People pay big bucks for new things- new cars, new houses, new faces and new spouses. It seems the appreciation for things that show their age has declined. In one instance we were looking to give materials an old world look.
Mennonite Central Committee’s training center was a unique experience. Everyone on the design and building team had to be trained to “get it”. Team members were sent to Egypt and India in order to give them an appreciation for the lifestyle of missionaries as well as the landscape in which the people we were designing for were to be immersed. As a result of this trip, we spent a lot of time trying of figure out how to make something look old or weathered, or even cheap.
This had many incarnations, such as applying paint to the walls with rags to give them a modeled appearance, experimenting with stained concrete floors, and having a local metal worker make some of the door hardware.
One activity really stuck out in my mind and it was the brilliant idea of the superintendent on site, Dave. We used a lot of reclaimed lumber on the job for everything from doors to stair treads. The thing about reclaimed lumber is that is has a surface patina that takes decade of dirt and oxidation to create. The trick is how you deal with the cut edges because they look like freshly sawn lumber – a stark contrast to the look we were going for.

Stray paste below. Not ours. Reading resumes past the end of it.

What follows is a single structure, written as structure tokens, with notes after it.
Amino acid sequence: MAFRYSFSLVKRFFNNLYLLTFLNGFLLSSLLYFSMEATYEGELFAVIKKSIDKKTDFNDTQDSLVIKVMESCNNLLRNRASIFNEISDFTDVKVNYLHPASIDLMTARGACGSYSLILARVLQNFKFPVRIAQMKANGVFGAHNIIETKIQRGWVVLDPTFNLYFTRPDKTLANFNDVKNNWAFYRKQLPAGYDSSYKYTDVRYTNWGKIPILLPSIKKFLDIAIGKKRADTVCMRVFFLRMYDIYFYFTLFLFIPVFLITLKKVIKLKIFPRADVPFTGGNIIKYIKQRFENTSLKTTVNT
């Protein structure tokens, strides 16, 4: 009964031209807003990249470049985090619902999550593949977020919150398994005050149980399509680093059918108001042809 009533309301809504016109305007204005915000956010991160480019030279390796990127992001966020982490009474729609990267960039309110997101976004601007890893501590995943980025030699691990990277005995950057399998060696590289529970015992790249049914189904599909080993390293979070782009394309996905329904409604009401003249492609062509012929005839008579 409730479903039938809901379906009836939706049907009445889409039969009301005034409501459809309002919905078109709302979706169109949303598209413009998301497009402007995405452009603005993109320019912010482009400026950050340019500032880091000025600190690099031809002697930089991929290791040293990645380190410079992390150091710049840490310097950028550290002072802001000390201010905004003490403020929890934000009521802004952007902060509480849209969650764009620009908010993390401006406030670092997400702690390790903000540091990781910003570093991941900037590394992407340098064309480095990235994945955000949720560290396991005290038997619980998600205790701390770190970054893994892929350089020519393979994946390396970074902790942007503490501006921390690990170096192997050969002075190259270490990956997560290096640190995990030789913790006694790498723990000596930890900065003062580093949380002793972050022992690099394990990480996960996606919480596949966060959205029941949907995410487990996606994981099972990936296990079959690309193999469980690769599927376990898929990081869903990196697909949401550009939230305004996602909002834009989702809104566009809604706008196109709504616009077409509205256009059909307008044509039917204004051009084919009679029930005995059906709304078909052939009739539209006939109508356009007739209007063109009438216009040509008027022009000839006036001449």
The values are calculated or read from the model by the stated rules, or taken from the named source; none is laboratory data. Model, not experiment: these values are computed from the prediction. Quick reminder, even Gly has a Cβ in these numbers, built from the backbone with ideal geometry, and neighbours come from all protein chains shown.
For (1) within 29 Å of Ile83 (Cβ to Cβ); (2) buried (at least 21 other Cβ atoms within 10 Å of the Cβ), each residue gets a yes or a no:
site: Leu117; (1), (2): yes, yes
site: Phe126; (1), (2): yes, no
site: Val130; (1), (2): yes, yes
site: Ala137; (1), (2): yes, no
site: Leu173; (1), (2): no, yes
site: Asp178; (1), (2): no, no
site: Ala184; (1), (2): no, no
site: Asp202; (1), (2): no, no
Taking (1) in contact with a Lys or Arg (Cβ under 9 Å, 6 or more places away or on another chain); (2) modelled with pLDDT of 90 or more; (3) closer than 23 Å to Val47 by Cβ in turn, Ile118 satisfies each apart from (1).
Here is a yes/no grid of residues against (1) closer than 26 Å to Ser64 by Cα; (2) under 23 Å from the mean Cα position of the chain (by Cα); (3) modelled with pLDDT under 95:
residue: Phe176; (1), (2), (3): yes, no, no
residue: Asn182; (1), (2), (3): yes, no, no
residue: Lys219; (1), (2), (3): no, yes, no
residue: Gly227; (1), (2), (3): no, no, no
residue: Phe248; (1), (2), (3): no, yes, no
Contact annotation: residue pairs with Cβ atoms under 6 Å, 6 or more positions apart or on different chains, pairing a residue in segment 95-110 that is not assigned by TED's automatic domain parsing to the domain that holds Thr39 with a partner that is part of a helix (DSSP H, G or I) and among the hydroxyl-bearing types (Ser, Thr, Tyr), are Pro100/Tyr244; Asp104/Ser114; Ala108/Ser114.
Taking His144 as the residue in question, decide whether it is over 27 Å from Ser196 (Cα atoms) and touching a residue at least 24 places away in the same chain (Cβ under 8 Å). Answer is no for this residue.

Somehow Dave knew how to deal with this. Even though he had not gone on the trip to the two Continents and didn’t see any of the presentations the design team made to the Owner’s Board, Dave always “got it”. He took it upon himself to treat the cut ends of the reclaimed lumber with a blow torch. With just the right amount of acetylene and artistic flair, one can burn a patina into freshly cut wood. Even if you were looking for it, it was difficult to see which ends were cut last week, and which had been cut last century.
Dave had done his part in contributing to the overall aesthetic (he contributed in many other ways, too), by pulling a non-tradition trick out of his bag. I don’t know if I will ever have the opportunity to practice “blow torch architecture” in the future, but believe me, I am ready.